The 1963 Equal Pay Act requires employers in California and across the country to pay men and women equally when they have equal responsibilities and perform duties that require the same amount of skill, experience and effort. The Equal Employment Opportunity Commission is tasked with administering and enforcing the nation's workplace civil rights laws, and the federal agency filed a lawsuit on June 18 that alleges a Nebraska bank violated the Equal Pay Act by paying a female relationship manager less than a man who performed the same job.
In addition to monetary relief, the EEOC is seeking a declaratory judgment and demanding that the company implement practices and policies designed to prevent future violations of the 1963 law. The agency says that it filed the wage discrimination lawsuit in the U.S. District Court for the District of Nebraska after efforts to settle the case were unsuccessful.
The lawsuit claims that the bank paid a male relationship manager a salary that was 33 percent higher than that of both his female co-worker and the woman he replaced. The female coworker says that she complained to the EEOC when the bank failed to address her grievances. The woman also says that her salary was not increased during nearly six years with the bank.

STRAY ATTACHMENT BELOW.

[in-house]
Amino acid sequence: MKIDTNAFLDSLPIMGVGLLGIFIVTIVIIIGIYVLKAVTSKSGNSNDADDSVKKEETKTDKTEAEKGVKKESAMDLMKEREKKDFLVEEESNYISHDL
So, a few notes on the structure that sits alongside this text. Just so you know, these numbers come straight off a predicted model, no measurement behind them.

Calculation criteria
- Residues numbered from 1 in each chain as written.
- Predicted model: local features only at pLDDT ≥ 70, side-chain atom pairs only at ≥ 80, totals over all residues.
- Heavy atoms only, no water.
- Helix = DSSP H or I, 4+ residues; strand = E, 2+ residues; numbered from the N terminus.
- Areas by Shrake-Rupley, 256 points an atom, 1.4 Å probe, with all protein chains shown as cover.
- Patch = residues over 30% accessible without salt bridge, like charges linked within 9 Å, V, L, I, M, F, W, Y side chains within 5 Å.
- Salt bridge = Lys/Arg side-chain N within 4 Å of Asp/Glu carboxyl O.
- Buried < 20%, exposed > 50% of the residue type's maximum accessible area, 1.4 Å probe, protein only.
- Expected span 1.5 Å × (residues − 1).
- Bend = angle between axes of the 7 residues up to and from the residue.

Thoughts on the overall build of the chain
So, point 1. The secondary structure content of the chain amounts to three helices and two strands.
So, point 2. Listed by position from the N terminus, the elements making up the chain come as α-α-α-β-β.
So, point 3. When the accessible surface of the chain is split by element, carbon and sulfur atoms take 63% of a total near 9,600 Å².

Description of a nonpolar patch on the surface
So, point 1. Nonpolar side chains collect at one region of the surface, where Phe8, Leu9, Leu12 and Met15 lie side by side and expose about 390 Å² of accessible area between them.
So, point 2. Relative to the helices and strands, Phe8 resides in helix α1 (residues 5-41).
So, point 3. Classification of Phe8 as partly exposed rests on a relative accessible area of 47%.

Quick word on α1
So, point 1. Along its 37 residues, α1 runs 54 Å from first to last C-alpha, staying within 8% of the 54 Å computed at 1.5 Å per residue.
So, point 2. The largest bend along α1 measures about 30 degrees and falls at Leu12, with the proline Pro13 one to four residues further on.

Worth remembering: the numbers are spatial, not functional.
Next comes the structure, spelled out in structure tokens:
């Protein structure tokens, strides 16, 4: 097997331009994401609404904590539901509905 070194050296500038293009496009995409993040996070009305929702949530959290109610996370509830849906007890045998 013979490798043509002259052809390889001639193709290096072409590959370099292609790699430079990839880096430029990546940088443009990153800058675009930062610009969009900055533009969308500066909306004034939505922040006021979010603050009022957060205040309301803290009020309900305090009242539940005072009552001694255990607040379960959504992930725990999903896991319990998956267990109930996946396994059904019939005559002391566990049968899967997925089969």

The defendants in cases involving alleged violations of the Equal Pay Act often claim that the plaintiffs were paid less because they had fewer skills and less experience, and these arguments can be challenging to overcome when compensation plans are complex or performance driven. However, companies generally seek to avoid protracted and costly litigation whenever possible, and employment law attorneys may use that knowledge to obtain a quick settlement.